🚁 Beneath the Rubble: In The Atlantic, Ayşegül Sert explains how government corruption in Turkey has contributed to the high death toll in this week’s earthquake. “I have often heard, in the aftermath of corruption scandals, some Turkish people say things like Okay, yes, they steal. So what? Every government has stolen from us; at least they give to the people by building bridges, airports, and roads. Now the bridges have broken, the airports are closed, and roads have cracked open as if meteors had fallen on them, preventing emergency help from reaching desperate areas. In the affected region, a shopping mall is reported to have collapsed, along with a historic mosque, and hospitals were destroyed, forcing patients and caregivers out in the cold. Electricity, fuel, gas, and running water are scarce. Gaziantep Castle, a landmark that stood strong from the Hittite to Roman and Byzantine periods, has been severely damaged. There are reports of mangled Orthodox and Armenian churches, as well as synagogues — sites of worship that were some of the few reminders of a multiethnic history that the government has tried to stamp out.” [TheAtlantic]
Around the Web
🛂 Helping Hand: Sen. Bob Menendez (D-NJ) sent a letter to President Joe Biden and Homeland Security Secretary Alejandro Mayorkas urging them to create an immigration parole process in the U.S. for Iranians fleeing the regime.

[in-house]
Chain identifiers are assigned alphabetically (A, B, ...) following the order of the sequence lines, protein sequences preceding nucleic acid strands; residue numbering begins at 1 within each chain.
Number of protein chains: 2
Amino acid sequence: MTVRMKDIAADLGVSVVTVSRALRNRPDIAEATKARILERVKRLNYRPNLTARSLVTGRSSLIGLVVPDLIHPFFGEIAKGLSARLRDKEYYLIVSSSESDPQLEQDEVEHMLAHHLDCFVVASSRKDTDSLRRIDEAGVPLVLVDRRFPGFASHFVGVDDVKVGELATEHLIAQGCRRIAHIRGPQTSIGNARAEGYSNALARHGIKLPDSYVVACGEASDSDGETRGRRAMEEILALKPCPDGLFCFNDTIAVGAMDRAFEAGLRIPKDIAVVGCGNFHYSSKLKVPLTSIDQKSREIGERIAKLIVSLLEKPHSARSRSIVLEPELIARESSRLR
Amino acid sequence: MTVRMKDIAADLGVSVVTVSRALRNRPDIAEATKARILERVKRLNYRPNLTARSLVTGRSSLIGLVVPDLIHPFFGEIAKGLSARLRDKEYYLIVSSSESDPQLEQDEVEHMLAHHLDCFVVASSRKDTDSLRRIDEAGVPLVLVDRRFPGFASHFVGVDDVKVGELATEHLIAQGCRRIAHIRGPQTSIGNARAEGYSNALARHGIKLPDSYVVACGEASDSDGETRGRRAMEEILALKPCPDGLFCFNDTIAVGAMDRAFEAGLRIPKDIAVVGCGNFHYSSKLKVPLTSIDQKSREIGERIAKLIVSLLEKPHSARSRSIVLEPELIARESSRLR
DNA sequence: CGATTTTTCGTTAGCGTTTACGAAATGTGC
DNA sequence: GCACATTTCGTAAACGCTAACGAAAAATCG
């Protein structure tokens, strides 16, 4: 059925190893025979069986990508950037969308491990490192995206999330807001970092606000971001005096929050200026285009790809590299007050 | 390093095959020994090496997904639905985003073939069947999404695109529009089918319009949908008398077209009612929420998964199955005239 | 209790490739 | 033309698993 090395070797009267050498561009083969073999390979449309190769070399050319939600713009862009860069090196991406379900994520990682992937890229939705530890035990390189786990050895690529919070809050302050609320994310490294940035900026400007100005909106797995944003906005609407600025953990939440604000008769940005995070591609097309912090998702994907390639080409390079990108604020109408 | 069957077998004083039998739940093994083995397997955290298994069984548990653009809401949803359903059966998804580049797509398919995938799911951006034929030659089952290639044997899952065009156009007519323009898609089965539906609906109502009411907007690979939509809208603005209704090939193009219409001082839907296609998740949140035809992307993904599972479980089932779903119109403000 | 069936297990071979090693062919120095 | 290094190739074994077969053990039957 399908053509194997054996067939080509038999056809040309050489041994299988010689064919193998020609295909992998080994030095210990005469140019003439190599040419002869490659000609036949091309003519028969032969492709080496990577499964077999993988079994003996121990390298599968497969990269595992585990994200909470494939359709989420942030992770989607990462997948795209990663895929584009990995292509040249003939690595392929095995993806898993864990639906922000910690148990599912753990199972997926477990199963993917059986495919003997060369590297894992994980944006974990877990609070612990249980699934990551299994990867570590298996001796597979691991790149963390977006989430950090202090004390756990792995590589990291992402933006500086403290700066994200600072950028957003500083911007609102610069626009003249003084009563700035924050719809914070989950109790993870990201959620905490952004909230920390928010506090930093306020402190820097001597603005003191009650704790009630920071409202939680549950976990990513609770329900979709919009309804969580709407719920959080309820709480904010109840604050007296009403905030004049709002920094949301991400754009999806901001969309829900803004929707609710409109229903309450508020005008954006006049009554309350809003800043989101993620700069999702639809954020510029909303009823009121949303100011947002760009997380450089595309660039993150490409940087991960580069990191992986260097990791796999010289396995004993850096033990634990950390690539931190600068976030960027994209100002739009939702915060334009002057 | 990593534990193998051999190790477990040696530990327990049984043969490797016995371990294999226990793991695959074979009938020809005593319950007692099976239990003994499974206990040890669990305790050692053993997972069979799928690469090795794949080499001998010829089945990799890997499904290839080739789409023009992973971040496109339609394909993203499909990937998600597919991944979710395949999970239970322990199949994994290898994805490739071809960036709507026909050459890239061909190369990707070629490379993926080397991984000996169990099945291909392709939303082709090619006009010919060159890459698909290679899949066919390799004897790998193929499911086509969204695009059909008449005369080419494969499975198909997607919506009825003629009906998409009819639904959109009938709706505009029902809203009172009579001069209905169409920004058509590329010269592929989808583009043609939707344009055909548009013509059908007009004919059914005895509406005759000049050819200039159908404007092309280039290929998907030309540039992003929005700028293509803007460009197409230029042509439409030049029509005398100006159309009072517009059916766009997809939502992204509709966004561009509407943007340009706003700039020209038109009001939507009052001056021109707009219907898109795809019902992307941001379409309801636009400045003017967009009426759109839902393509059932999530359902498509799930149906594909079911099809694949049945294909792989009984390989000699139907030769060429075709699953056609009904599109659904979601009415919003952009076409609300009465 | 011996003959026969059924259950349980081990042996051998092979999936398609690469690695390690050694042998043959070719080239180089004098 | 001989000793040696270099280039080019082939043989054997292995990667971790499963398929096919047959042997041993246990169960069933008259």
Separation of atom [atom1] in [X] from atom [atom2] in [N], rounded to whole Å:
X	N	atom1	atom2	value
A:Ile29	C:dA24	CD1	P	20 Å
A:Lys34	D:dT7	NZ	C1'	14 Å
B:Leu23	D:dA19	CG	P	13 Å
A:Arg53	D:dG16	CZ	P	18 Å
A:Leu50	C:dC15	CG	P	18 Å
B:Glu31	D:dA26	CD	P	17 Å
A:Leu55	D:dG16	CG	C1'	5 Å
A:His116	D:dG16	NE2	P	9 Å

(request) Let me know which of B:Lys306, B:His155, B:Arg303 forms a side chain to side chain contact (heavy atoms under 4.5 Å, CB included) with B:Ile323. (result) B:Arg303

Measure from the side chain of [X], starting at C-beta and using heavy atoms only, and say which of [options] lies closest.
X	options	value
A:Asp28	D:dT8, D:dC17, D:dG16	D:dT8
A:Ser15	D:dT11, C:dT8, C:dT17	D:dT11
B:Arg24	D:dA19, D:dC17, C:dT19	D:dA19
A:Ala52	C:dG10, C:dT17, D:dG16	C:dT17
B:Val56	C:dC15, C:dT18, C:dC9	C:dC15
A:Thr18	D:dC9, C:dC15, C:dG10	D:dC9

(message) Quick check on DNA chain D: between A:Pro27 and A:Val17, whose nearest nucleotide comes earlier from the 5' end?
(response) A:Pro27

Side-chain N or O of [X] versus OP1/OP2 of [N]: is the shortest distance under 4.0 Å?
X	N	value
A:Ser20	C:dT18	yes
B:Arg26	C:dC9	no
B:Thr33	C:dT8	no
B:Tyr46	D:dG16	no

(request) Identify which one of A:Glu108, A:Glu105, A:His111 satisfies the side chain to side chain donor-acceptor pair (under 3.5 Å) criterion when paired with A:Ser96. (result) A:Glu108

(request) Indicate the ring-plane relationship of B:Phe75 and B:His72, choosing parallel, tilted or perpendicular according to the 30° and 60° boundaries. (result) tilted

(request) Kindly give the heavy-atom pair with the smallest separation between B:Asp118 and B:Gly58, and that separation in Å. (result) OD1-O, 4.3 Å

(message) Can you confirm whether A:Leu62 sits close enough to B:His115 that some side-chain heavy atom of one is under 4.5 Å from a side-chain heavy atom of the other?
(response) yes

📄 Back on the Table: Sens. Todd Young (R-IN), Tim Kaine (D-VA) and Reps. Barbara Lee (D-CA), Chip Roy (R-TX), Abigail Spanberger (D-VA) and Tom Cole (R-OK) re-introduced legislation repealing the 1991 and 2002 Iraq War AUMFs.
👬 Buddying Up: The Daily Beast spotlights the tag-team efforts of Reps. Ritchie Torres (D-NY) and Dan Goldman (D-NY) to draw attention to the controversies surrounding Rep. George Santos (R-NY).
💵 Saved Up: Former Maryland Gov. Larry Hogan has raised $6 million over the last two years as he considers mounting a 2024 presidential bid.
📚 Neo-Nazi Network: Following an investigation, the Ohio Department of Education concluded it will not take action against a network of homeschools in the state that included Nazi propaganda in its curriculum.
🗞️ Agudath vs the Times: Agudath Israel of America launched a billboard campaign targeting The New York Times for what the organization has called a “crusade” against religious Jews.